In the Matthaean account of the Lord's Baptism there is a delicious varia lectio in a couple of manuscripts of the Vetus Latina. After S John Baptist permits the Lord to be baptised, these mss add: and when he was baptised, a great light shone around from the water, so that all who had come there were fearful.
This reminds me of Pseudo-Hippolytus (PG 10, 862), "The one who with faith goes down into this washing of rebirth ... returns from Baptism brilliant as the Sun, shining rays of righteousness". (S Justin Martyr (Trypho 88:3) talks of the Fire entering the Jordan when the Lord was baptised.) After all, we all know that the baptised are Illuminati; and perhaps that word is not intended in the merely subjective sense of having his understanding enlightened. I draw your attention also to the passage of S Gregory Nazianzenus which the Liturgia Horarum offers for the Patristic Lection on the Feast of the Lord's Baptism.
As Old Testament students, we recall the Pillar of Fire passing through the waters of the Red Sea. And as liturgists, we remember standing by the font at the Easter Vigil and plunging the candle into the waters of Regeneration. Our typological mathematic is that 1+1+1=a whole lot more than 3.
I think we need often to remind ourselves of the importance of Typology in our theologising - a typology which embraces Old Testament, New Testament, and Liturgy.
And don't forget the question of what Scripture is. We all know the old arguments about "What is the Canon of Scripture?", at their fiercest when the 'Reformers', with their horrible legalism, wished to erect Scripture as a forensic engine for discerning true doctrine, and therefore needed to know what is Scripture*. But an awareness of the fluidity of the texts of the Scriptures has grown in the last century: the more early NT papyri we discover, the more we find a strange phenomenon. You might expect that, as we press earlier and earlier, backwards towards an 'authorial text', we might find that variants in the text get fewer. But we find the opposite is true (something similar could be said of the textual critcism of Homer). So scholars increasingly, and rightly, wonder if the concept of a stable monomorphic authorial text is in fact anything but a mirage in the desert. And when we turn to the Old Testament, mss from Qumran and elsewhere reveal to us the precarious status of the claim that the Masoretic text is in some sense normative for Christians.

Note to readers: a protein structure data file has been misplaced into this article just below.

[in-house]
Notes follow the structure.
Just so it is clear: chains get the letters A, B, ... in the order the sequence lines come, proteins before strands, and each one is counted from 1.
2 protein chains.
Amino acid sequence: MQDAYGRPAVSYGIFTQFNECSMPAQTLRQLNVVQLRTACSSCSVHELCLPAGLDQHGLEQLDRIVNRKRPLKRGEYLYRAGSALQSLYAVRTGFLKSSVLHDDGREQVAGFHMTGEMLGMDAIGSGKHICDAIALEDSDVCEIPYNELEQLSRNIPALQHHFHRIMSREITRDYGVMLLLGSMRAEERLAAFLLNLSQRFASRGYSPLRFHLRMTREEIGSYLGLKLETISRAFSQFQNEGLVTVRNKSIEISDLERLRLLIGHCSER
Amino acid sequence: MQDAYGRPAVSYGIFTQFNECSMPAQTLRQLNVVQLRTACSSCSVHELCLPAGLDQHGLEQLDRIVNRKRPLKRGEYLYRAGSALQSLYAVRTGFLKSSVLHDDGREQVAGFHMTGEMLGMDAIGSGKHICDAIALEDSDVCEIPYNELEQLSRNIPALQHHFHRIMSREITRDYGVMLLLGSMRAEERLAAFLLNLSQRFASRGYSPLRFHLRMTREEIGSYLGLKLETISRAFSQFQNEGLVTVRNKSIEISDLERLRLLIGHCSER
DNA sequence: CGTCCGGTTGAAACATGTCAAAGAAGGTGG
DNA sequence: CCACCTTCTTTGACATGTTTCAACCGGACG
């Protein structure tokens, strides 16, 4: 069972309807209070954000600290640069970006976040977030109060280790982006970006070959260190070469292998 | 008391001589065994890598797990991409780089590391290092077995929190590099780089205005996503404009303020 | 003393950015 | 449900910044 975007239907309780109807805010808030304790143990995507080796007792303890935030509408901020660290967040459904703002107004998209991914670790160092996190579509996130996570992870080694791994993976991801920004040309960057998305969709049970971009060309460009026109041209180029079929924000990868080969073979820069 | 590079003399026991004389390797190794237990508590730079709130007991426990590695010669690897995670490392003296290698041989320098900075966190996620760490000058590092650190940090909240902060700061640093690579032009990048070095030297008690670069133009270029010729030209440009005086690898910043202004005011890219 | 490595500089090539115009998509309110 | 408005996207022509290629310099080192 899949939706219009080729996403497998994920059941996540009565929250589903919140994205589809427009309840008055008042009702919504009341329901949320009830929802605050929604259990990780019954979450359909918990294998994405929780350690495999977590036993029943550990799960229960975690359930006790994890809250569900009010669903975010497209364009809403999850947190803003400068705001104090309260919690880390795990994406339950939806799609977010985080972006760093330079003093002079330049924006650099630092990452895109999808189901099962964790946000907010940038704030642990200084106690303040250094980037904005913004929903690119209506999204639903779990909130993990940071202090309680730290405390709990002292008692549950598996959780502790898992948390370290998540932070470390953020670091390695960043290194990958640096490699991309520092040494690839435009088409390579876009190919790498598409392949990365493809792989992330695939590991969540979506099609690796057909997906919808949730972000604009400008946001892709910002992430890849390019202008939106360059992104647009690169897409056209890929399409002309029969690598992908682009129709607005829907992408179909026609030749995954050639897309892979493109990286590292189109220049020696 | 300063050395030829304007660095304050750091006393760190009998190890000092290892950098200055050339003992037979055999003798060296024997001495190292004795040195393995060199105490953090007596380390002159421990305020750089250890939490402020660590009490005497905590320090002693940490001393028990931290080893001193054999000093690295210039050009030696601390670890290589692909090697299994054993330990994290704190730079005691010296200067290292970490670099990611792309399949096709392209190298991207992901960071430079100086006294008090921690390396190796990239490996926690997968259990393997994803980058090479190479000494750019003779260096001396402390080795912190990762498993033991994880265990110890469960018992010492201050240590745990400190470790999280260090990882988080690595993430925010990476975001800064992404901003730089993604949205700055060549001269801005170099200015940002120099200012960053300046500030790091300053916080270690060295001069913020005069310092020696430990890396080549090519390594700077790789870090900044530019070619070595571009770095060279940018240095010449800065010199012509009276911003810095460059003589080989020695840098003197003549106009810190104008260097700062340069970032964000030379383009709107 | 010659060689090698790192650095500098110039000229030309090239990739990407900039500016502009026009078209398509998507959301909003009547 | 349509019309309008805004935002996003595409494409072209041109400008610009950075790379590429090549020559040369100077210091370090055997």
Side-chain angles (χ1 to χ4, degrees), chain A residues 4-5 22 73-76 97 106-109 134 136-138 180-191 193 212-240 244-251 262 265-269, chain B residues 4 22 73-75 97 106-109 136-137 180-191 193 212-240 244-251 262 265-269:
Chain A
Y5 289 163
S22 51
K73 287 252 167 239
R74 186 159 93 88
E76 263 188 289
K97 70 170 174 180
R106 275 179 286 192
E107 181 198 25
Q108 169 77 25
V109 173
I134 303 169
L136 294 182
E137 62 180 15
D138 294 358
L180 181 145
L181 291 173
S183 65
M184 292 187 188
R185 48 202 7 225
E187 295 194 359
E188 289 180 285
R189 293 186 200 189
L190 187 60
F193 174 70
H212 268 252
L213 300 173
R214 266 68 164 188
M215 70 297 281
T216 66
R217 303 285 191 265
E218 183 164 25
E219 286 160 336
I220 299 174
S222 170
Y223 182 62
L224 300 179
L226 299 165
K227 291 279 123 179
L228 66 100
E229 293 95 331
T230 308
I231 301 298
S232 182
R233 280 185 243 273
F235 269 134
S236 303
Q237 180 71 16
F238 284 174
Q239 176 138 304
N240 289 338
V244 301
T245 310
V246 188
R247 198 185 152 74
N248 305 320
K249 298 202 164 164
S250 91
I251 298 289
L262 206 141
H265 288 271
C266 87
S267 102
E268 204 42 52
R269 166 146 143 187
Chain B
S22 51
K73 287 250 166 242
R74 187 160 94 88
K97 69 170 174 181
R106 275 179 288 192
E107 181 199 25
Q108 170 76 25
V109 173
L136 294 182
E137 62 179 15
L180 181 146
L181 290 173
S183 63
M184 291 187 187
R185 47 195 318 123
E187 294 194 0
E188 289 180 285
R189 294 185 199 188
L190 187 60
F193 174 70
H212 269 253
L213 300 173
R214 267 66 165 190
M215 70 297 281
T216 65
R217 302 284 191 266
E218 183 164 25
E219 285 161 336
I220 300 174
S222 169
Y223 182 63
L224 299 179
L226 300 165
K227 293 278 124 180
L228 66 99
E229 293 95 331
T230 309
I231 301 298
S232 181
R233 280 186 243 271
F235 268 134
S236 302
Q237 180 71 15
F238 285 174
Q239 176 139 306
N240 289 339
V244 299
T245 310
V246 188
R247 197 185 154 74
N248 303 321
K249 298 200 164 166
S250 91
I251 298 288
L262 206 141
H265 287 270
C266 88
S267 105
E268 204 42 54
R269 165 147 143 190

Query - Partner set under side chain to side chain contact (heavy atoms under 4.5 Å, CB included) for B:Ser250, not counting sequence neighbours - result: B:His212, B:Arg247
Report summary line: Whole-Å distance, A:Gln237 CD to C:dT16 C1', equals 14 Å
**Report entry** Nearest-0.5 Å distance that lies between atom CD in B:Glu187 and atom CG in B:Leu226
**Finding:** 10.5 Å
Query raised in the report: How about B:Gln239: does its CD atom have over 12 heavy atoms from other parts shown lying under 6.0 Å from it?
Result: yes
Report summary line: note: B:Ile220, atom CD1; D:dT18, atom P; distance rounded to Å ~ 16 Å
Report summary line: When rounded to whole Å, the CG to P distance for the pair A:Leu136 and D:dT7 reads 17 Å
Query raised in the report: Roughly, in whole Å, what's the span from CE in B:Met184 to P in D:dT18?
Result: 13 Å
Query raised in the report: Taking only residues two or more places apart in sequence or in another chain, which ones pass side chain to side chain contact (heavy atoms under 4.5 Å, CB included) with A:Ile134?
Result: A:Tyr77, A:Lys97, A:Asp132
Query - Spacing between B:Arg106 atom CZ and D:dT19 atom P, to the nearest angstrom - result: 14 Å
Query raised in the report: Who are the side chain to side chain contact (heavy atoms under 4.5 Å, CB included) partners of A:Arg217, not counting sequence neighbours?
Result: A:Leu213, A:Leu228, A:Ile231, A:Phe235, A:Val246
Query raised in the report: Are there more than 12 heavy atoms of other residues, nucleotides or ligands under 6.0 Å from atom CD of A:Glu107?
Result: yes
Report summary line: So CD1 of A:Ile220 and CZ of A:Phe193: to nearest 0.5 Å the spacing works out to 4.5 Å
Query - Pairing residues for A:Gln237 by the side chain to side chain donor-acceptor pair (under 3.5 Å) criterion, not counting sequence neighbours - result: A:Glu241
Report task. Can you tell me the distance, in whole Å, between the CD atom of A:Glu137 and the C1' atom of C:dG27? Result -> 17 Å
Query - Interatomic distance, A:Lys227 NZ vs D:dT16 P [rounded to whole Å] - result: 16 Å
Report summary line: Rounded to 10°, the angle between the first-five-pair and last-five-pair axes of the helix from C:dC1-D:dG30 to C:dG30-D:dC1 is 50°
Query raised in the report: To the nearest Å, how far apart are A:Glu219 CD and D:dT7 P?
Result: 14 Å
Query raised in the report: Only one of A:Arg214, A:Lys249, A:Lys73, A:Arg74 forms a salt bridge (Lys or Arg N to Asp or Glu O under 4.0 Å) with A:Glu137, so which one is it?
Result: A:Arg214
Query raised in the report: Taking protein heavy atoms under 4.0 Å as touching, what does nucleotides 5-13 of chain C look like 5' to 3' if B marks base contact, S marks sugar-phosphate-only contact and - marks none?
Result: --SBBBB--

So ... we know, for example, that the pericope de adultera is not part of the 'original text' of S John; manuscript evidence is here supported by stylometric and lexicographical evidence. "But that doesn't make it any less canonical" ... we say. But when we get down to details, things get murkier. If we are to select those readings in the Hebrew, Aranaic, and Greek texts which are supported by an authoritative Vulgate ... then Vulgate or neoVulgate? If Vulgate, then Sixtine or Clementine? There are differences. What about the Vetus Latina? What about the psalter reading "The Lord has reigned from the tree"? ... which left its mark, not least upon a hymn of Venantius Fortunatus.
Moi, I'm terribly liberal. I think that even that jolly little interpolation into Matthew with which I began this post is Part Of The Great Rich Wholeness Of Scripture. Like some Englit chappies, I believe that Reception is Part of the Text. I am set free to take this view by the fact that I am not, like the Prods and the Liberals, bogged down by some grim need to discern some sort of entrenched minimum which some magisterium (Calvin's or the CDF's) enforces and guarantees. I bob along in a warm, welcoming, and enriching sea called Tradition.
Which, of course, is the direct opposite of what the idiot who is now the Jesuit General does, with his curious, untraditional, and heterodox observations to the effect that we do not really know what Jesus said, and accordingly are at liberty to disregard his every word if this will suit the novel Bergoglianist agenda. ANATHEMA SIT!!
5 May 2017
Subscribe to: Post Comments (Atom)
There are interesting references to fire at Baptism in the Syriac tradition. The font of Baptism is sometimes referred to as a "furnace" (in addition to a womb). St. Ephrem has a hymn Christ as Light in Mary and the Jordan that plays on this imagery. The famous Rabbula Gospel has a miniature of Christ being baptized with a tall flame at the river's side: http://digitalcommons.acu.edu/ferguson_photos/2997/
Aplolgies Father if this is a red herring, but among the probable ipsissima verba of the Lord we have the sixth word from the cross Τετέλεσται . Do you know whether it is true as reported a couple of years ago, that there was no known literary example of this particular verb form until someone pointed out that it is commonly written on bills where we would overstamp them PAID.
Post a Comment